Tuesday, September 13, 2011

How to Hand Wash Clothing

First, can I say I loooooooove the powdered detergent I made?  Seriously, it's the only thing I use with my whites (all of our towels are white, so that's a lot!) and I'm already out.  Good thing it's fun {and cheap} to make! 

Sad, but true.
I have so many things that require handwashing and I never have the time to do it... so they stay at the bottom of the laundry pile for months. on. end.  (Seriously, I found a Banana Republic sweater that had been down there since last school year.  REALLY?  I am ashamed!)  So neglected, so... stinky (mostly from the clothes being heaped on top... and mostly from my husband.  What is it with men and stink?  Men are so weird.  Haha.  Love mine, though!  Oh man.  There is not a day that goes by that I am not thankful I am a woman!).  I only hand wash items that have appliques on them (beads, flowers, etc) and things I sew for myself.  I know they would be okay in the washing machine, but I just couldn't bear to see one of my babies ruined.

I finally hand washed 6 garments on Sunday and thought- wow, I might as well get a blog post out of this! SO, here is how you handwash your clothing.

  1. Spot-treat stains just as you do with clothes you put in the washer/dryer.  I didn't have any stains, so I skipped this step.
  2. Fill up your sink or tub (any space big enough for soaking and simulating agitation) with cold water and detergent.

  1. Put clothes in the soapy water.  I had 2 loads and washed with like colors like I would typically do.  This load was for bright colors, the other was for whites.
  2. Let the clothes soak.  I usually go do something else, forget, and then come back hours later.  It's never caused a problem!

  1. Mimic an agitation cycle.  Spin the clothes around with your hand, squeeze the clothes gently to help the water and soap permeate the clothing, and pay special attention to collars and arm pits.
Picture 3.  Hump back.  Check it out.

  1. Drain soapy water.

  1. Run clothing under cold water to rinse until the water is no longer soapy or bubbly.  Make sure to get all of the detergent out!  If you leave some in your clothes, it can damage the fibers.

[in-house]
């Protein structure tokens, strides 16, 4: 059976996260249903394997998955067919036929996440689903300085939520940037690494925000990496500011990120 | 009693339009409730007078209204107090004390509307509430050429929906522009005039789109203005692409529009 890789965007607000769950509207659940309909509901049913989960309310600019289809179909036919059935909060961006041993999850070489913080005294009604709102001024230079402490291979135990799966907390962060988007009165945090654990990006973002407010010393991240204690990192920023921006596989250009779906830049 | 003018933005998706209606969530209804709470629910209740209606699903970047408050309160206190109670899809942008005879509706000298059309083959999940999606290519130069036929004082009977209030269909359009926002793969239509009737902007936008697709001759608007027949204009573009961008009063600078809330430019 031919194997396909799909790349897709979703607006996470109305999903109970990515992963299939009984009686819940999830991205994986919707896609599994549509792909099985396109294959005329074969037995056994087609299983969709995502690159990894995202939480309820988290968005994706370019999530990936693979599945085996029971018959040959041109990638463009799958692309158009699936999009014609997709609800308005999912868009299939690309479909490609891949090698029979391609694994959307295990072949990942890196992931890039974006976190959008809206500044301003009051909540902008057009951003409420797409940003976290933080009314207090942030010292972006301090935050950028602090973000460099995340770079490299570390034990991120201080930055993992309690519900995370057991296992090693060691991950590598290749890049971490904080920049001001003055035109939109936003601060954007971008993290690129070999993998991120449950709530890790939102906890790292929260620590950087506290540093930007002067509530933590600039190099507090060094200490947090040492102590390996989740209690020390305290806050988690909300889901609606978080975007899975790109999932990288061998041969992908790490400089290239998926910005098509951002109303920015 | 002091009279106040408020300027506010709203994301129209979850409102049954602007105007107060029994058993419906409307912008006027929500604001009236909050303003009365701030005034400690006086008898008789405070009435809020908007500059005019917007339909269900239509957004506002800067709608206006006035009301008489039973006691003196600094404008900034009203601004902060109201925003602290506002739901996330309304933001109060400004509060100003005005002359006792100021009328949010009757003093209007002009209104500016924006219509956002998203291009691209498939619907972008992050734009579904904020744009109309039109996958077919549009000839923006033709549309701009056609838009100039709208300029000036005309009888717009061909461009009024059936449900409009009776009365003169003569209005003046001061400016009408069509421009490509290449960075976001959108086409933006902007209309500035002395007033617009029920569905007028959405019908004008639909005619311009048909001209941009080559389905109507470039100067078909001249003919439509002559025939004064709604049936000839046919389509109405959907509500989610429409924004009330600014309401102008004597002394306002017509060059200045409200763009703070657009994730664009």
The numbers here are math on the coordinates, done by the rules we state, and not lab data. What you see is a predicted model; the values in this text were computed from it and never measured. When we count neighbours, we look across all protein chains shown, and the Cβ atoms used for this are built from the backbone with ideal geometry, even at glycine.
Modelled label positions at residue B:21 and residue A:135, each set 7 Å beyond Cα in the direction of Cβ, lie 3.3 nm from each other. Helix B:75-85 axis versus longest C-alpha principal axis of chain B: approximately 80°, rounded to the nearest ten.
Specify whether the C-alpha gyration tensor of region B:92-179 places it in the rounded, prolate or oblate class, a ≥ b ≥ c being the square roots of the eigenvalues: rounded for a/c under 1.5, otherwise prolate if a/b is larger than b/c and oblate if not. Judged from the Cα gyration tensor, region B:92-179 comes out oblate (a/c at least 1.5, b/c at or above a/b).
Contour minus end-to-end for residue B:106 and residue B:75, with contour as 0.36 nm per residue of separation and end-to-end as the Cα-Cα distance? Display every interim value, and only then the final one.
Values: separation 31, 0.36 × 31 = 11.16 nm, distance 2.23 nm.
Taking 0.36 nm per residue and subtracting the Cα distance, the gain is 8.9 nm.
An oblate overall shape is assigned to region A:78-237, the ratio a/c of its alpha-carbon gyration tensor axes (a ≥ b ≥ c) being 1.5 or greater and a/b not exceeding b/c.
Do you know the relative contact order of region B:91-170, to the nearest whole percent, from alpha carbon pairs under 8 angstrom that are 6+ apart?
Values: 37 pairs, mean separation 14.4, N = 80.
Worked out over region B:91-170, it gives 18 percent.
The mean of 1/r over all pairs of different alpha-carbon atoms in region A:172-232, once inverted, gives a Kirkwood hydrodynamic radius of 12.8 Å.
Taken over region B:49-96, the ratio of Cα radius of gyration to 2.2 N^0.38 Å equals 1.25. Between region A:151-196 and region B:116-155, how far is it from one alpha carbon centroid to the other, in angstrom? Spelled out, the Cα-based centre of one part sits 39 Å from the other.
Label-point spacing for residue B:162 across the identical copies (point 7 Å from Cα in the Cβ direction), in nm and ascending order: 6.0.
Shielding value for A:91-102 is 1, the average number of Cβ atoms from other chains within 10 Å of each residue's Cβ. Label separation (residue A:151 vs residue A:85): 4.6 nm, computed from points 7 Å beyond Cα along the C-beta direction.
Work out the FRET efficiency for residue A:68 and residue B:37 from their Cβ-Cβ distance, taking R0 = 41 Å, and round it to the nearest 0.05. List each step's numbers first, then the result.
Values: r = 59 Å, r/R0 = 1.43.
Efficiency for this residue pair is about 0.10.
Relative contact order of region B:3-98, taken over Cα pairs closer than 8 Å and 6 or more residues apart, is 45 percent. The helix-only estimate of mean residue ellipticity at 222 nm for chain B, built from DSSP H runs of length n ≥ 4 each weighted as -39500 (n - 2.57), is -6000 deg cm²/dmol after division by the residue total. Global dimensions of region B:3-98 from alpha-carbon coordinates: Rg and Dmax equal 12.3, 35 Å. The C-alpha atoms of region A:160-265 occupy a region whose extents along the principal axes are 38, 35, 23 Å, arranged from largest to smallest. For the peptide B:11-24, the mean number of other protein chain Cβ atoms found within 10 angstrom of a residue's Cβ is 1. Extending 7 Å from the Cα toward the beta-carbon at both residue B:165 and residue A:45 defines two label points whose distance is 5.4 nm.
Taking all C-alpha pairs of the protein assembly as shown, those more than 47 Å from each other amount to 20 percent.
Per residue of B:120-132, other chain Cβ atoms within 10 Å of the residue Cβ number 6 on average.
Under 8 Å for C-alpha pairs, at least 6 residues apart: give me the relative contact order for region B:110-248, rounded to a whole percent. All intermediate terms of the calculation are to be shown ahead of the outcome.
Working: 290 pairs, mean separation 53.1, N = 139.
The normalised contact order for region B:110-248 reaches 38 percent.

1. Drying time!  Gently squeeze as much water out of the item as possible, but try not to twist it-just squeeze gently. Then using a heavy absorbent dry towel, lay the clothing flat and roll it up in the towel, as such:

Step on it!  Check out the nasty-ness of this situation:  My curling iron is still out, I'm in sweatpants I've worn every evening for 3 days straight (that I stole from my sister!), and our bed has no sheets and there are clothes everywhere.  This would be my every-Sunday, cleaning everything!

  1. Dry enough to hang!  If something has beads or heavy embellishments, I dry it flat.  Otherwise, I hang dry.
Done!  My dog has an infatuation with 1.  Dirty clothes (my mom told me to take dirty socks with us when we picked him up and put them in his bed so he would learn our scents and be comforted by them.  All he does now is steal our dirty clothes and lay in them.  FREAK.) and 2. Tubs.  It's rather odd.  He screamed at me the whole time I did this.


We are finishing the wainscoting (yessss!), so here is what our hall is up to now.  Needing paint and caulk!
My husband is pure. stud.

Got some sweet basement makeover updates comin' at ya soon!



  1. I totally motivate myself to do chores by making a blog post about it sometimes! lol And Oscar cracks me up. :)

  2. yay for wainscoting! I wish I washed my sheets every Sunday. The baby spit up in the middle of our sheets two days ago and when I woke up to the smell of old spit up I remembered that she did it...guess what, my husband is sleeping in that very bed on those sheets right now. (and Im kinda laughing thinking about it) but its gross! NEW goal- clean sheets on Sundays.
    P.S. I have never heard of the dirty sock thing.


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